On Thursday, a rather chatty police officer told me something that I found quite shocking.
Just spent a couple of days at the community blockade of Arrow Energy’s CSG exploration drill site at Kerry, Qld, near Beaudesert. It was a real community gathering – all ages, kids playing in a temporary sandpit, supporters bringing an amazing smorgasbord of food (including a gobsmacking array of home-cooked cakes, scones and biscuits) and chairs/rainshelters/newspapers/books. There’s a buzz of animated discussion, and every now and then people got up to give impromptu performances of poems, stories and songs (even F and I had a go).
In contrast to this scene of community harmony, there was an enormous (and dare I say, unnecessary) police presence. I counted 10 police vehicles, with accompanying police officers, and 3 mounted police, with horses. And I wasn’t even there when the real action was happening.
One of the people at the blockade said they had called the local police one morning, and were told that there was no-one available to help them because all the police were at the blockade! (aka the community picnic-with-a-message)
Now, overdoing the police presence at a peaceful community gathering is one thing, but here’s the bigger thing:
Two separate police officers told us that Arrow was paying for them to be there. What? I mean, … what?
Here is why this is a problem:
- if there is confusion about who the police are acting for (is it the taxpayers? is it the mining company?), it blurs the line between mining industry and state.
- if Arrow did hire the police,
- it reduces the pool of police available for legitimate duties, like helping the public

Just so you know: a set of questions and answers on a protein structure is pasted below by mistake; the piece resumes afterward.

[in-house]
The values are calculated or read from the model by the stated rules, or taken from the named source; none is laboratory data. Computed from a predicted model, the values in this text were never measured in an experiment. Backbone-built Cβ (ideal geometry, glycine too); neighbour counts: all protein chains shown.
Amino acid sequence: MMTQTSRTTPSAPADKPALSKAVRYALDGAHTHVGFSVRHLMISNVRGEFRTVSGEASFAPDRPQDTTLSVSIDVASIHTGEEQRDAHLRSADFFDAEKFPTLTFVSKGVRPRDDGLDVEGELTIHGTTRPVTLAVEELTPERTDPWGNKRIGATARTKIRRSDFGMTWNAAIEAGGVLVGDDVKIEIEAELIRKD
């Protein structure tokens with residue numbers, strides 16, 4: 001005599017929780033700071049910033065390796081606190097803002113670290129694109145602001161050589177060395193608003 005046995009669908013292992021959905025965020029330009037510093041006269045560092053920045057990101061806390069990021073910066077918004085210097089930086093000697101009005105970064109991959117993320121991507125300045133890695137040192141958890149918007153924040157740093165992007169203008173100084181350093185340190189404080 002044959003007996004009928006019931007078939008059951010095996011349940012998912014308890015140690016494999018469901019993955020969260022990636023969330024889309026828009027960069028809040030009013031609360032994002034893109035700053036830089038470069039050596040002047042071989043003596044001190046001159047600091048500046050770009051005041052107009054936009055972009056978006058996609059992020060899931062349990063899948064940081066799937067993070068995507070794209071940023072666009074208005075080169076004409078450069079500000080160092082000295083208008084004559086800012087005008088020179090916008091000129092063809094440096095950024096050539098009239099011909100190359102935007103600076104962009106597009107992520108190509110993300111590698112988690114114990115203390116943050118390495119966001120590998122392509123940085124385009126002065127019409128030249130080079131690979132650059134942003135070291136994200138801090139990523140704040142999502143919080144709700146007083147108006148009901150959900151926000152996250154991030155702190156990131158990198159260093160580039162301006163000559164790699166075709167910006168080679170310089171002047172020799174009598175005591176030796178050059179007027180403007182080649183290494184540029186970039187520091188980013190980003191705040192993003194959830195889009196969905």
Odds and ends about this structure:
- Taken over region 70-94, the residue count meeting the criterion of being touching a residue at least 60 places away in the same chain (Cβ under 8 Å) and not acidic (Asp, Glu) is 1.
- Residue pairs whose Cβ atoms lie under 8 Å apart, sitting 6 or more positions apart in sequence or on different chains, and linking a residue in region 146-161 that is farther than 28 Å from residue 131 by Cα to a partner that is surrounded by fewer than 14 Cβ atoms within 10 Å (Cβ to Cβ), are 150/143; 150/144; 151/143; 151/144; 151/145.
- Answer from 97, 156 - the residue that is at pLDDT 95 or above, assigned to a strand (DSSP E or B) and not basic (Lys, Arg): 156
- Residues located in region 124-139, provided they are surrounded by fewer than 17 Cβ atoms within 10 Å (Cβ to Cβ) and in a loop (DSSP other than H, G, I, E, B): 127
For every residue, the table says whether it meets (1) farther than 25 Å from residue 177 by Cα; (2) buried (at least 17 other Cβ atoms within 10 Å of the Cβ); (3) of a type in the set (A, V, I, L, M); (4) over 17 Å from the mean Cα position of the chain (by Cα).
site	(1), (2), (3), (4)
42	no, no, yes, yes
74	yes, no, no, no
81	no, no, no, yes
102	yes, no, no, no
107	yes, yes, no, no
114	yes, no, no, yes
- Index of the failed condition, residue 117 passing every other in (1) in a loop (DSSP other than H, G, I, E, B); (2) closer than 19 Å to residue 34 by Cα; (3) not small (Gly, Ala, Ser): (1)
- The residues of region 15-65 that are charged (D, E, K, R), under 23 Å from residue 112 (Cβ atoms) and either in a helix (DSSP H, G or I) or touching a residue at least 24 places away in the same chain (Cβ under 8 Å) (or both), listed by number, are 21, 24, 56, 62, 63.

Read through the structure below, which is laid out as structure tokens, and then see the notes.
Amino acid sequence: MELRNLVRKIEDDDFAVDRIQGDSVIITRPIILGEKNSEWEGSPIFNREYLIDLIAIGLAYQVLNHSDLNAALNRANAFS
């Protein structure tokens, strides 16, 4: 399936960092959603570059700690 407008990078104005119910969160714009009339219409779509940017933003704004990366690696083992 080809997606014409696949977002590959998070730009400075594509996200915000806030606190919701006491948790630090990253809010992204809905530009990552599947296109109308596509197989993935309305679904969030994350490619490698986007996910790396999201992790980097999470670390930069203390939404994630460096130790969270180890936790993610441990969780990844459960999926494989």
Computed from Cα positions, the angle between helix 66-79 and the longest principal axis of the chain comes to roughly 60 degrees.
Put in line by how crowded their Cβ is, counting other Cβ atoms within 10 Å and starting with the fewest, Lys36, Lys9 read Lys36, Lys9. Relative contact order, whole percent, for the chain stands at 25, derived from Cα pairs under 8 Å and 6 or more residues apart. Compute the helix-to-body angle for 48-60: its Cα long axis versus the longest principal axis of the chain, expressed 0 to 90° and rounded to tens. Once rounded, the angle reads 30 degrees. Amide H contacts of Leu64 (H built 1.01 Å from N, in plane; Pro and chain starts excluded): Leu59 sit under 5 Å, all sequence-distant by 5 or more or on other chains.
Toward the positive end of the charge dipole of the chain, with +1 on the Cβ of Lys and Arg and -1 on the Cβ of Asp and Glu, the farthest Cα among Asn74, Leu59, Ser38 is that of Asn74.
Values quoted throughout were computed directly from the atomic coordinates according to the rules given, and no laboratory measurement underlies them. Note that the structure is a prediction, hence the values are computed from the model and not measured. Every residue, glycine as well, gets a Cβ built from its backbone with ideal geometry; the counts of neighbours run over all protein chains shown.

- having the police service available for hire by corporate interests effectively gives corporations access to a trained mercenary army. How did we let this happen?
- by wearing their police uniforms, the police imply to the public that the work they are doing is sanctioned by the police force and the state. It demonstrates that state approval is available to whoever can pay for it.
I’m in the process of chasing official confirmation of the unofficial police statements about being paid by Arrow. No-one seems to be able to say yet which police have been bought by Arrow, and which police are actually working for the Australian people. But here is why I am taking seriously those unofficial reports:
- two independent police officers told two separate people (including me), on two different days that Arrow was paying for police to be at the drilling site.
- Apparently, it’s common practice for event organisers to pay for police presence at their events. Arrow hiring the police to act as security guards could well be possible under this scheme.
- Unless Arrow was paying, you’d think at least one officer would have been allocated to help the public (who, under normal circumstances, fund them). Instead, the poor person who called them for assistance was left stranded.
Goodness. This all just keeps on getting more frightening. Do I sound paranoid? I really hope that’s all it is.
Quote for the season: “We often feel like hapless atoms, running endlessly according to the blueprints and programs of unseen masters, whether it’s the banking industry, Madison Avenue, whoever. We tend to disempower ourselves. We tend to believe that we don’t matter. And in the act of taking that idea to ourselves we give everything away to somebody else, to something else.”